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A well-known signal processing issue is that of the “cocktail party problem,” which A well-known signal processing issue is that of the “cocktail party problem,” which refers to the need to be able to separate speakers from a mixture of voices. A solution to this problem could provide insight into signal separation in a variety of signal processing fields. In this study, a method of vocal signal processing was examined to determine if principal component analysis of spectral data could be used to characterize differences between speakers and if these differences could be used to separate mixtures of vocal signals. Processing was done on a set of voice recordings from thirty different speakers to create a projection matrix that could be used by an algorithm to identify the source of an unknown recording from one of the thirty speakers. Two different identification algorithms were tested. The first had an average correct prediction rate of 15.69%, while the second had an average correct prediction rate of 10.47%. Additionally, one principal component derived from the processing provided a notable distinction between principal values for male and female speakers. Males tended to produce positive principal values, while females tended to produce negative values. The success of the algorithm could be improved by implementing differentiation between time segments of speech and segments of silence. The incorporation of this distinction into the signal processing method was recommended as a topic for future study.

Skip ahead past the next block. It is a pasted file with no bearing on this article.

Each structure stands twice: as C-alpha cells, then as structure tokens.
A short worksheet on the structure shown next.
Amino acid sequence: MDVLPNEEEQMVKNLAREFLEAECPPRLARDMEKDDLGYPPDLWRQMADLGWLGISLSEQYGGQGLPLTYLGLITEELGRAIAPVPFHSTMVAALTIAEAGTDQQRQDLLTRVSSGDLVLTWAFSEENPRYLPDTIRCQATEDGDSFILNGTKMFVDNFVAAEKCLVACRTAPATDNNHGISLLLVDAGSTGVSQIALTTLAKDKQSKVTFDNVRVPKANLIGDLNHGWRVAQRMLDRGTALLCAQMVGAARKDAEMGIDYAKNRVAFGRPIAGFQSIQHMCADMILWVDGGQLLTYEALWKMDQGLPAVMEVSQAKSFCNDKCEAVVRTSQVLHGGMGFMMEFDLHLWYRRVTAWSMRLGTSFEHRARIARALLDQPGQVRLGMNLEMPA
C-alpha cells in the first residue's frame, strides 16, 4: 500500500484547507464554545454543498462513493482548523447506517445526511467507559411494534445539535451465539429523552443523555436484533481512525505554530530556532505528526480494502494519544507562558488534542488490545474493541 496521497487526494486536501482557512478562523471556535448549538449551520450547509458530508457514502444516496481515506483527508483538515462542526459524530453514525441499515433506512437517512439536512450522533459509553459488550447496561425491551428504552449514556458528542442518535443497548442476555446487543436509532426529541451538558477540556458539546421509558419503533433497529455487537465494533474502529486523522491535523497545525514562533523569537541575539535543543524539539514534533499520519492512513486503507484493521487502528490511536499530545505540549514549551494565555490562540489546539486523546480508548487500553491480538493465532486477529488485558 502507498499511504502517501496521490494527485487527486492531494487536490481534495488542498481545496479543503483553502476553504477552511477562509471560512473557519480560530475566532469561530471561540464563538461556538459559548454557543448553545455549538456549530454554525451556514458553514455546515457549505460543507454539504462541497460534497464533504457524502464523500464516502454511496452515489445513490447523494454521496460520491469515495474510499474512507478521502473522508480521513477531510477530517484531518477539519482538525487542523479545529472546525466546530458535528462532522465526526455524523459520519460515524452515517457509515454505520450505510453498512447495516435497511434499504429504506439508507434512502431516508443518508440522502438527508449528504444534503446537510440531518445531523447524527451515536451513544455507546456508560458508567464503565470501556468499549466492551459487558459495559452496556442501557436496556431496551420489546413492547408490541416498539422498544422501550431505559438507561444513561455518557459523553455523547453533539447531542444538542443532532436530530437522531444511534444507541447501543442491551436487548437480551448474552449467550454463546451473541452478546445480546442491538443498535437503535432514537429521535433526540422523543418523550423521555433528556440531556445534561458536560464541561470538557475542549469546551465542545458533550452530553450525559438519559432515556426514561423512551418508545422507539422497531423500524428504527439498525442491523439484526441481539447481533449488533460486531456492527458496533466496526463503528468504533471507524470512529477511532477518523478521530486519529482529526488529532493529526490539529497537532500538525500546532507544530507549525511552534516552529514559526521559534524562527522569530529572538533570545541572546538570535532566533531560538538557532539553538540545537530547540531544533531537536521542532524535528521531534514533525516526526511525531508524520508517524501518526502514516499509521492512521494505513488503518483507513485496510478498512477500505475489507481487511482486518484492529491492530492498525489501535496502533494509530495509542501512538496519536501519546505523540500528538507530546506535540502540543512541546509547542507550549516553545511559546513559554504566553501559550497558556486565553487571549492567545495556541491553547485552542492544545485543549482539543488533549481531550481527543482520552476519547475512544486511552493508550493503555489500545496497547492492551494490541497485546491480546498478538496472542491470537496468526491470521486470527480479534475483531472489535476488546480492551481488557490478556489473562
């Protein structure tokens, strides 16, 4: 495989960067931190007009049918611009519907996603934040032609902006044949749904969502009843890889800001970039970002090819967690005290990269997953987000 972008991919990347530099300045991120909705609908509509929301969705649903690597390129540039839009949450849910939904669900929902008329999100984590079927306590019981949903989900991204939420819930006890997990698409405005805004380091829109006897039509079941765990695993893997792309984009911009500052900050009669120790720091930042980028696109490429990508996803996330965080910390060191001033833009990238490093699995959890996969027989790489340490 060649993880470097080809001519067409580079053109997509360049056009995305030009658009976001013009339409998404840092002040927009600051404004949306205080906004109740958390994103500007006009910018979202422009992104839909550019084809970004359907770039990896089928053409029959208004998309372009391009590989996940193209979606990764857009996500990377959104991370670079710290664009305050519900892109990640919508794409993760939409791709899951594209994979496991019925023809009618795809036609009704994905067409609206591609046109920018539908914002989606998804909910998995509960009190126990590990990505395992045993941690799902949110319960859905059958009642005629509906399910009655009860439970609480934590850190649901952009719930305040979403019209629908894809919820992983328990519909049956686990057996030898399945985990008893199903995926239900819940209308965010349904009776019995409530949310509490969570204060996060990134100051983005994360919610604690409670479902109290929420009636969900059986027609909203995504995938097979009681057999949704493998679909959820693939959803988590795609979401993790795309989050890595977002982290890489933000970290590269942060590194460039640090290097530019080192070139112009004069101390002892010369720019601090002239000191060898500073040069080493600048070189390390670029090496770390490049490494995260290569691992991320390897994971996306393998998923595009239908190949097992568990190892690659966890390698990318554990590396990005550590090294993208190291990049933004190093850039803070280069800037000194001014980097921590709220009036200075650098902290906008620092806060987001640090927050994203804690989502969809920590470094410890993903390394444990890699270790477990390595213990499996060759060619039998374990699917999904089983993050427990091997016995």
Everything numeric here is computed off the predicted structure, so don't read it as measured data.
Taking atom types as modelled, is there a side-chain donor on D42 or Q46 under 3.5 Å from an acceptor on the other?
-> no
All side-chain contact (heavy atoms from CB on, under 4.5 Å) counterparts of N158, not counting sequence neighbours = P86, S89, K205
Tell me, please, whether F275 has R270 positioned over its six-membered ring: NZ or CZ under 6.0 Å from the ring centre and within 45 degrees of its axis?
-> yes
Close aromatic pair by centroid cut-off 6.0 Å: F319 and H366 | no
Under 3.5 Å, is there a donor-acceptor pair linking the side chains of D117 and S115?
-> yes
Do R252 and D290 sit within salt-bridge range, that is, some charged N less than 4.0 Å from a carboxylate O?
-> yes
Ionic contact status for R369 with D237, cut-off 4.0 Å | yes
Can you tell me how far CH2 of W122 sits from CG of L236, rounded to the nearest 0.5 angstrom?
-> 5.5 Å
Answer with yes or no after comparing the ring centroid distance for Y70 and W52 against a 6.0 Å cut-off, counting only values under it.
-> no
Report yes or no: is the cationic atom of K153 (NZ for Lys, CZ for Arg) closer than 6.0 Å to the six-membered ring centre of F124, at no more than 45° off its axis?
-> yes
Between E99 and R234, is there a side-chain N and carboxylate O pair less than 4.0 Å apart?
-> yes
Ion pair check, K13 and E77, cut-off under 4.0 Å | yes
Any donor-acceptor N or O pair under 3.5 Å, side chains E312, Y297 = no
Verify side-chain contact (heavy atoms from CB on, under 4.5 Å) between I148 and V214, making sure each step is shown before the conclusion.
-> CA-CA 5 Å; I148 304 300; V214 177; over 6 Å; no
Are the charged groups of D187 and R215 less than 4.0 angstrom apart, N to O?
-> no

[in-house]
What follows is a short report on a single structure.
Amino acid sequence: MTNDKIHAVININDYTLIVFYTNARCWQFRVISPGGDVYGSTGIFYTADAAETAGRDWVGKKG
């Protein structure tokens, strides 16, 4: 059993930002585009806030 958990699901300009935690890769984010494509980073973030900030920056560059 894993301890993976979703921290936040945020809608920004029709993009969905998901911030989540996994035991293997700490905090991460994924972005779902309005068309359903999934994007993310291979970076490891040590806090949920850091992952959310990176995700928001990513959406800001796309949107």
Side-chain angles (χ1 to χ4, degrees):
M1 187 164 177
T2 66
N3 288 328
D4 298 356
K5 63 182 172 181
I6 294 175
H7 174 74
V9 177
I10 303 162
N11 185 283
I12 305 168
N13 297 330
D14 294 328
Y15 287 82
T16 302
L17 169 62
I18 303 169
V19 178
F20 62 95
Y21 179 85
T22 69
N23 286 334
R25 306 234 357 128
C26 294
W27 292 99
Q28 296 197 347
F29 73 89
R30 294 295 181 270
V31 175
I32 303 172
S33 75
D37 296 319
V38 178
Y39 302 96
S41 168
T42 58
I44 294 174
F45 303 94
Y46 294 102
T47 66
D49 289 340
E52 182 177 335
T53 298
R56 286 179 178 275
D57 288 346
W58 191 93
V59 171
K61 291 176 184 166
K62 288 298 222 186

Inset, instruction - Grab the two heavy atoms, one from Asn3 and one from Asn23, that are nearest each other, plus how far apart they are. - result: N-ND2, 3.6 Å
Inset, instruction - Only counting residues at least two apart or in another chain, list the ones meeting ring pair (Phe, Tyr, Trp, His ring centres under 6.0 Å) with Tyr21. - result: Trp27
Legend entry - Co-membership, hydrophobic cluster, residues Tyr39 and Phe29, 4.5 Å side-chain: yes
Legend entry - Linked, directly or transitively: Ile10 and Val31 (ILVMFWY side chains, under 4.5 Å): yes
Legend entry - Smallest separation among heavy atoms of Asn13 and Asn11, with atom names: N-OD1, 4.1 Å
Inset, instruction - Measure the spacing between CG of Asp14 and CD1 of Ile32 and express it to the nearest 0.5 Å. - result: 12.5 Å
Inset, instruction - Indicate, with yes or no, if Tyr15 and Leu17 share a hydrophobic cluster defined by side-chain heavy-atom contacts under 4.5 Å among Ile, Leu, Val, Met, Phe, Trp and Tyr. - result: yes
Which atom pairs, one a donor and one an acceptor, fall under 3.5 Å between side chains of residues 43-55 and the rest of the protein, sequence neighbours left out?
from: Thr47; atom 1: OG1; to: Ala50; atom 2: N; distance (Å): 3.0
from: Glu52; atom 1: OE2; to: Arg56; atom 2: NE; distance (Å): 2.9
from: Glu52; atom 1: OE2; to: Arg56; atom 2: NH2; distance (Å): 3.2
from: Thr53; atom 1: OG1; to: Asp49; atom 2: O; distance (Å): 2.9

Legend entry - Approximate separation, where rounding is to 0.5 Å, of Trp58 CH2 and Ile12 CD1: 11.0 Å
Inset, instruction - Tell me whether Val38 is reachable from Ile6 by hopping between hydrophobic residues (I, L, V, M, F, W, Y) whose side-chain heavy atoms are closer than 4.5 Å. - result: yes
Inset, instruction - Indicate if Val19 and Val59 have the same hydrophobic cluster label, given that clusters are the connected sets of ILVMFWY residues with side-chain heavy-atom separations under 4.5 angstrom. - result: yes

Fitzgerald, Bradley J.
"Vocal Processing with Spectral Analysis,"
ELAIA: Vol. 1
, Article 3.
Available at: https://digitalcommons.olivet.edu/elaia/vol1/iss1/3